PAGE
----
Sixty-nine Diet Pills Recalled by the FDA

Articles
February 03, 2009

Sixty-nine Diet Pills Recalled by the FDA

With the holidays and now Super Bowl Sunday behind us, many Americans will be looking for ways to shed those extra pounds, and many impatient and frustrated individuals will forego the recommendations of diet modification and exercise as a healthy and safe way to lose weight, and turn to diet pills. And after all, for the millions of Americans that watch television daily, it is difficult to avoid an onslaught of advertising by the weight loss industry. Most recently, the diet pill Alli, has recruited country singer/celebrity Wynonna Judd to act as spokesperson for their product. And interestingly enough, the most highlighted selling point in these ads is not the number of pounds that can be lost or the short amount of time it takes, the key point is the fact that Alli is currently the only FDA approved over the counter diet pill available. Whether or not Alli is truly safe or effective, the marketing team behind this product has created a smart and timely campaign. The recent peanut product recall gives consumers even more reason to question the effectiveness of the FDA, and look to their new President to improve the agency, by creating stricter regulations. Under current guidelines, the FDA does not require any clinical trials before over the counter diet pills are made available in stores. Although some are petitioning for this to change, the FDA has issued warnings to consumers to be careful of diet pills. Some of the amounts of active pharmaceutical ingredients in these types of products have been found to far exceed the FDA-recommended levels, putting consumers' health at risk. On December 22, 2008, FDA warned consumers not to purchase or consume 28 different products marketed for weight loss. Since that time, FDA analysis has identified 41 more tainted weight loss products that may put consumers’ health at risk.

With the holidays and now Super Bowl Sunday behind us, many Americans will be looking for ways to shed those extra pounds, and many impatient and frustrated individuals will forego the recommendations of diet modification and exercise as a healthy and safe way to lose weight, and turn to diet pills. And after all, for the millions of Americans that watch television daily, it is difficult to avoid an onslaught of advertising by the weight loss industry.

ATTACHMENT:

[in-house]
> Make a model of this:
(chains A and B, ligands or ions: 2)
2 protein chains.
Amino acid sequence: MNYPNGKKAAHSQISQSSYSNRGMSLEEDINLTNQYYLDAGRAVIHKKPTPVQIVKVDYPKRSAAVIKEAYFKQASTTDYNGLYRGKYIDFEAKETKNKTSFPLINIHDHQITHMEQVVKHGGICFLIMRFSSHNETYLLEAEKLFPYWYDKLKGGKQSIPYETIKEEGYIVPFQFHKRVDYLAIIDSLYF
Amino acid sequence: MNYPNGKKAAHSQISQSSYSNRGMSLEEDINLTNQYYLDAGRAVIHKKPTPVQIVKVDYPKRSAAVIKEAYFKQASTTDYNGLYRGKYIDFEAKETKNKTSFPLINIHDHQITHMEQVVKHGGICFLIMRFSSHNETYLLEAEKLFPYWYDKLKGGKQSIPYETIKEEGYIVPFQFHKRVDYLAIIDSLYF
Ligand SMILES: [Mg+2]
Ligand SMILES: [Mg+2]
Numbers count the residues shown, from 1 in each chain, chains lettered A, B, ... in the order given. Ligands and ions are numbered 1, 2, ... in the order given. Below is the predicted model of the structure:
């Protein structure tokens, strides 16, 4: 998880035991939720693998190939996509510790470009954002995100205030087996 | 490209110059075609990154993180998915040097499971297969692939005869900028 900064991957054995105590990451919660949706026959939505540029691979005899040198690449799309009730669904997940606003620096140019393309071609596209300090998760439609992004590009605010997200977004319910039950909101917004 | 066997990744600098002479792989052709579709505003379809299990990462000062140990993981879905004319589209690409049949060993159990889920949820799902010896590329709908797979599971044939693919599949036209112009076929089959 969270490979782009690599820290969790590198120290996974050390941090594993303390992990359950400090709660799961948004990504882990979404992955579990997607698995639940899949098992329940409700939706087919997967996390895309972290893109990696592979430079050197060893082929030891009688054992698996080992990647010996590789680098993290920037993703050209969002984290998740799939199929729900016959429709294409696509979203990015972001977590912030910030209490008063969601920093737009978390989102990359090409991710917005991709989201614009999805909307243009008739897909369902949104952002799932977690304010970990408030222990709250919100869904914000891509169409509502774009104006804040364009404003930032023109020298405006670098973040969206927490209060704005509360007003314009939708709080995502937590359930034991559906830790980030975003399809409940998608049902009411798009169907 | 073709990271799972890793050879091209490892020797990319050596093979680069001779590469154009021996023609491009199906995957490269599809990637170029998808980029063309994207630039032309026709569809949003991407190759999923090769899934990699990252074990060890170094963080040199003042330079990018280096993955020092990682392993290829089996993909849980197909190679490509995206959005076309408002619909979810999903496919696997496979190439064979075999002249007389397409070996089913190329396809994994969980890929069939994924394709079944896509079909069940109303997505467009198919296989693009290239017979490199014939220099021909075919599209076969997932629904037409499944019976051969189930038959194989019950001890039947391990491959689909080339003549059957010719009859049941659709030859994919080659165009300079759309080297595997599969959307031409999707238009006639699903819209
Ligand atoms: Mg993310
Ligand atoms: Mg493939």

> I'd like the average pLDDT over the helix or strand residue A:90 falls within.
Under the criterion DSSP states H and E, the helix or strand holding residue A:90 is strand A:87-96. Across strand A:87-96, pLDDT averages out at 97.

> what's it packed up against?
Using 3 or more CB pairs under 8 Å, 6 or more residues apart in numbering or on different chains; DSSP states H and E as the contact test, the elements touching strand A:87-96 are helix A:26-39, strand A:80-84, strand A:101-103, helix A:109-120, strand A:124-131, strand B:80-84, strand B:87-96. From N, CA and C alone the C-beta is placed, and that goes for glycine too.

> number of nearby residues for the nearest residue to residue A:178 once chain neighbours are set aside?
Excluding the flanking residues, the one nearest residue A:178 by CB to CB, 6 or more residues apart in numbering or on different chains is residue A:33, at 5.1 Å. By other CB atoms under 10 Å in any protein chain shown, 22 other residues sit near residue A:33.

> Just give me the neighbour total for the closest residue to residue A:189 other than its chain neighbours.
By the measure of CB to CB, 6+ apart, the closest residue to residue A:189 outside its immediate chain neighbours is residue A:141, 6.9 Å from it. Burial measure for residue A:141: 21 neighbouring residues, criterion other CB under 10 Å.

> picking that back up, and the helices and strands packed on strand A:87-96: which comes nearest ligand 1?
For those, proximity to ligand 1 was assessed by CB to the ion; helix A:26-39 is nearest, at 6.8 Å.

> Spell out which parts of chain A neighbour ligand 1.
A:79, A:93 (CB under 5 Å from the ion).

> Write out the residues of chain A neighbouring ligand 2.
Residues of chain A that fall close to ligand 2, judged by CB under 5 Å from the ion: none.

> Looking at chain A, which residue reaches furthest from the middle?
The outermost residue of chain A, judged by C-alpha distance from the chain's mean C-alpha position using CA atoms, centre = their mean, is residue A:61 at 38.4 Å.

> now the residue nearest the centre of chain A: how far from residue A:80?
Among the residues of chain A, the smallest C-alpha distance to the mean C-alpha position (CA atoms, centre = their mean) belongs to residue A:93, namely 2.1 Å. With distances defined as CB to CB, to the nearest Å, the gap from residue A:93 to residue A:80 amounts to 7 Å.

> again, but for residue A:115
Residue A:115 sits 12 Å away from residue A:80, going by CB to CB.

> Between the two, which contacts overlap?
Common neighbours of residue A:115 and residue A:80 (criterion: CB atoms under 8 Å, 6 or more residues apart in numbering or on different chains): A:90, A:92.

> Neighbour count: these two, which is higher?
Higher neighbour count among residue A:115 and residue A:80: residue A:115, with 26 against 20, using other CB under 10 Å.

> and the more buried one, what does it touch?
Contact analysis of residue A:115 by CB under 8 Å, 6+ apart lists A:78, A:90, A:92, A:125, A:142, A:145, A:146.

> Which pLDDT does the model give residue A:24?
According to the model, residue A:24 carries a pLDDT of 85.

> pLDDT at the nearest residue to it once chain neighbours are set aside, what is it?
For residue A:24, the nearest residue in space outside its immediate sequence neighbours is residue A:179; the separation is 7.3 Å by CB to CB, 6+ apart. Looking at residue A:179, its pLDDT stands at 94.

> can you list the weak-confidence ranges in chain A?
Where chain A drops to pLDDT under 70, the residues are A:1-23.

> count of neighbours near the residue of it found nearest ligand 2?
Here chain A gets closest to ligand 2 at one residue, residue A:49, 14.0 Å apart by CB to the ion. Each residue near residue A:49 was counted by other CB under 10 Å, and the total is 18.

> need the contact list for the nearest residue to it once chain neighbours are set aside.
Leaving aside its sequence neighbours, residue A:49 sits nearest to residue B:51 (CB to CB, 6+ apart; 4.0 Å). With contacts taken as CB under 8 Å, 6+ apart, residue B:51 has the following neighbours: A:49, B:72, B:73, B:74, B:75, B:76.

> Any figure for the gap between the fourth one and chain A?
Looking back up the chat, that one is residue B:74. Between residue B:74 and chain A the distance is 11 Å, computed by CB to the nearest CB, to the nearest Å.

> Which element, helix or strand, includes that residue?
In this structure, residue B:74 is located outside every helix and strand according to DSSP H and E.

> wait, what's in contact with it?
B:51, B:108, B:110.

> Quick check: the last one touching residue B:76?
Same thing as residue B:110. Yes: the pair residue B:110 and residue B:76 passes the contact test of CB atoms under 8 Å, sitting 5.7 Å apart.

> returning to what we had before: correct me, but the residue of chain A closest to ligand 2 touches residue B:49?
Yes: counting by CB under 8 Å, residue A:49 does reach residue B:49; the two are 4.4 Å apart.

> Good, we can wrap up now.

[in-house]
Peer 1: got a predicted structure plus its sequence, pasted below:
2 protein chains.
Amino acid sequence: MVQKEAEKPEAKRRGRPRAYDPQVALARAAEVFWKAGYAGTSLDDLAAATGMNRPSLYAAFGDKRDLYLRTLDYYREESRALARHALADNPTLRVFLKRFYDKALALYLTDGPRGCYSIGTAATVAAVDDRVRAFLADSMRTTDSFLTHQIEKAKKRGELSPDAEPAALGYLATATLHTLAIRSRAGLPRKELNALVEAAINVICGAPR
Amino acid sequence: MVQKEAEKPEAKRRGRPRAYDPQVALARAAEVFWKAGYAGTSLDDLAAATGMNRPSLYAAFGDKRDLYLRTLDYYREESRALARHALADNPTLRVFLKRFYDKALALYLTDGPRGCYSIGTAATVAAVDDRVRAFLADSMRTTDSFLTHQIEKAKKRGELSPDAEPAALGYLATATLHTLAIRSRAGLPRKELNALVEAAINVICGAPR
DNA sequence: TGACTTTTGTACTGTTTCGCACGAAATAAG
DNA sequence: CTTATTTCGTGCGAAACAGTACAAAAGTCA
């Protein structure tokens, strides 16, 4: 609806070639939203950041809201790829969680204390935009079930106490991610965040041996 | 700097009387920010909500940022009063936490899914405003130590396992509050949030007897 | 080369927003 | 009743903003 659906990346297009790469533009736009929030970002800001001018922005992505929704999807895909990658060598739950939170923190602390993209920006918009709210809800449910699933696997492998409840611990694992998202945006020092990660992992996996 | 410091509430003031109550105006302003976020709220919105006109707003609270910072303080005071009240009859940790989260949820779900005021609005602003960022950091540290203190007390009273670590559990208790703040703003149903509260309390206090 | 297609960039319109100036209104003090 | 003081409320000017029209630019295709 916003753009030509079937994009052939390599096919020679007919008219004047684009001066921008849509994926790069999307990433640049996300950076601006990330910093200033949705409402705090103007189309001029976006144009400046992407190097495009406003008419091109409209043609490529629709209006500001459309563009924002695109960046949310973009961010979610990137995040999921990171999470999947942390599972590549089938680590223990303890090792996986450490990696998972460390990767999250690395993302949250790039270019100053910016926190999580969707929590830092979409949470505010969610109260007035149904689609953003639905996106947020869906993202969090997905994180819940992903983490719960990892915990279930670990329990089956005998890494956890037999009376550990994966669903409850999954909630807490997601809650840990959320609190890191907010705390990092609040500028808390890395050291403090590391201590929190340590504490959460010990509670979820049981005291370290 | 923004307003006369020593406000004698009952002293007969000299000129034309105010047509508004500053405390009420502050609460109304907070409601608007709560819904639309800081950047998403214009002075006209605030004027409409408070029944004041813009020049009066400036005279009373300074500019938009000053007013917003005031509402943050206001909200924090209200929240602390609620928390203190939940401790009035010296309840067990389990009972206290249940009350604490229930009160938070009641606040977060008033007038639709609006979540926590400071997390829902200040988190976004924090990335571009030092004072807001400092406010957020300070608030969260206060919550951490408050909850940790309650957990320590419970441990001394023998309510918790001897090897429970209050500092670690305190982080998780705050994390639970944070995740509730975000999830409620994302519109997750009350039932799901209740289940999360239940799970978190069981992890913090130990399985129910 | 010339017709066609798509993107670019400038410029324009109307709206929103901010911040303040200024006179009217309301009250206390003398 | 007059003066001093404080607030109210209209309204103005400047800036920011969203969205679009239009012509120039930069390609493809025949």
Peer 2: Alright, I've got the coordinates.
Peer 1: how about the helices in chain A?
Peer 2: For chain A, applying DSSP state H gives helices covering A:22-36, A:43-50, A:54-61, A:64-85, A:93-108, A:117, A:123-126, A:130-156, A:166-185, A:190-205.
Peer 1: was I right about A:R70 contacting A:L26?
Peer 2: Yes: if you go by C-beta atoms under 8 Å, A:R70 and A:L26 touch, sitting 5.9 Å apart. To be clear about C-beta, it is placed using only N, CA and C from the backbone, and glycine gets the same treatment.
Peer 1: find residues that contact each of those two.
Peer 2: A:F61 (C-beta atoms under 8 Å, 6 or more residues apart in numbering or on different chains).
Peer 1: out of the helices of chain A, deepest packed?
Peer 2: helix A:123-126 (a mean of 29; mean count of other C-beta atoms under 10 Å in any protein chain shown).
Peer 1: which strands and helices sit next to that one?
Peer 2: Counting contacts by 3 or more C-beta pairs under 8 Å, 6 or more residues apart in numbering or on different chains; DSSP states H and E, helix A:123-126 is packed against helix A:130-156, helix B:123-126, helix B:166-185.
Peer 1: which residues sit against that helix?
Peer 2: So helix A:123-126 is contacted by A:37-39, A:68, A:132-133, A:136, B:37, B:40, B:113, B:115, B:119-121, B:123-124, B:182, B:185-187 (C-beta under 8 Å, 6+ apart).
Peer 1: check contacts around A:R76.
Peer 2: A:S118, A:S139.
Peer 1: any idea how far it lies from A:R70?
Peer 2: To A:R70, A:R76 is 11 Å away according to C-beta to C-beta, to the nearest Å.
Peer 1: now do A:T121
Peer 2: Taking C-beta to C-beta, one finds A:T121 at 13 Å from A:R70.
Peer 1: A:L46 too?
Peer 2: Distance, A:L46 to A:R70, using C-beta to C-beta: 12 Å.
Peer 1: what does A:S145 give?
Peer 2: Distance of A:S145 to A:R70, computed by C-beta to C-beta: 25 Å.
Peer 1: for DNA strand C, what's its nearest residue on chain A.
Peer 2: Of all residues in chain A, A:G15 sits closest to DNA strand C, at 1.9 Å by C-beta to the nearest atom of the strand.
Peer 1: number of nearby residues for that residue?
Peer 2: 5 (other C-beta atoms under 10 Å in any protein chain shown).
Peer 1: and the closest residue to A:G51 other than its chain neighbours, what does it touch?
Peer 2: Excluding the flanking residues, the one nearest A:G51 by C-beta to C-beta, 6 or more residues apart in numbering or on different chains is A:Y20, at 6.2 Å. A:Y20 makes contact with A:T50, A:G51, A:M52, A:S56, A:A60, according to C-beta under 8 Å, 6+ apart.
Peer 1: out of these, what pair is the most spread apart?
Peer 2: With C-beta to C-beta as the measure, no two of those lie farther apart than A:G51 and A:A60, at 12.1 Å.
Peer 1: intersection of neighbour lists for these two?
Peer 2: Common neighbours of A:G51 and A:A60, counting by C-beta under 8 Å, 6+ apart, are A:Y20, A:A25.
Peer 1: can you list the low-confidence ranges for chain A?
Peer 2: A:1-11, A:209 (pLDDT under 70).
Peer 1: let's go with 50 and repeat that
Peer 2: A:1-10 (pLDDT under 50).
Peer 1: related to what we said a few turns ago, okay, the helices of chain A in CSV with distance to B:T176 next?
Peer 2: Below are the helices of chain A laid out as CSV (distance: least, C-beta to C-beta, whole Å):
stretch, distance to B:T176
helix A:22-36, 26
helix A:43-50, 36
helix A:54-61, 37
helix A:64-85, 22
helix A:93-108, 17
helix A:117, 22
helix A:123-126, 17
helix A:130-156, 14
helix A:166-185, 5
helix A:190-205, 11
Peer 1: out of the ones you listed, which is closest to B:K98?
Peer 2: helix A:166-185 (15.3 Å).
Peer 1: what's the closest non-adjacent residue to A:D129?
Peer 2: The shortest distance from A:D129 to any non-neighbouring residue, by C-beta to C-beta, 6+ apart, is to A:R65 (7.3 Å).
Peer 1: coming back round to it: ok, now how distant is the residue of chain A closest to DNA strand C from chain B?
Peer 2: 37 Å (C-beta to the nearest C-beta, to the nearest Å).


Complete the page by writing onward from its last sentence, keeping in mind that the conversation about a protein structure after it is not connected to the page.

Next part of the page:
Most recently, the diet pill Alli, has recruited country singer/celebrity Wynonna Judd to act as spokesperson for their product. And interestingly enough, the most highlighted selling point in these ads is not the number of pounds that can be lost or the short amount of time it takes, the key point is the fact that Alli is currently the only FDA approved over the counter diet pill available.
Whether or not Alli is truly safe or effective, the marketing team behind this product has created a smart and timely campaign. The recent peanut product recall gives consumers even more reason to question the effectiveness of the FDA, and look to their new President to improve the agency, by creating stricter regulations.

Under current guidelines, the FDA does not require any clinical trials before over the counter diet pills are made available in stores. Although some are petitioning for this to change, the FDA has issued warnings to consumers to be careful of diet pills. Some of the amounts of active pharmaceutical ingredients in these types of products have been found to far exceed the FDA-recommended levels, putting consumers' health at risk. On December 22, 2008, FDA warned consumers not to purchase or consume 28 different products marketed for weight loss. Since that time, FDA analysis has identified 41 more tainted weight loss products that may put consumers’ health at risk.

The FDA analysis found that the undeclared active pharmaceutical ingredients in some of these products include sibutramine (a controlled substance), rimonabant (a drug not approved for marketing in the United States), phenytoin (an anti-seizure medication), phenolphthalein (a solution used in chemical experiments and a suspected cancer causing agent) and bumetanide (a diuretic). These ingredients may cause high blood pressure, seizures, heart attack, or stroke. Many of these products are sold online as natural or containing only herbal ingredients, a statement that can mislead consumers as to their safeness.

Below is a link to a complete list of diet pills that have been recalled by the FDA. But it is most important to remember, the researchers, doctors, and nutritionists can all confidently agree that in order to sustain healthy weight loss, the most effective approach is eating smaller portions, maintaining a healthy balance of fruits, vegetables, whole grains, and fiber and getting exercise regularly.

For a complete list of recalled diet pills visit this site: http://www.fda.gov/bbs/topics/NEWS/2008/NEW01933.html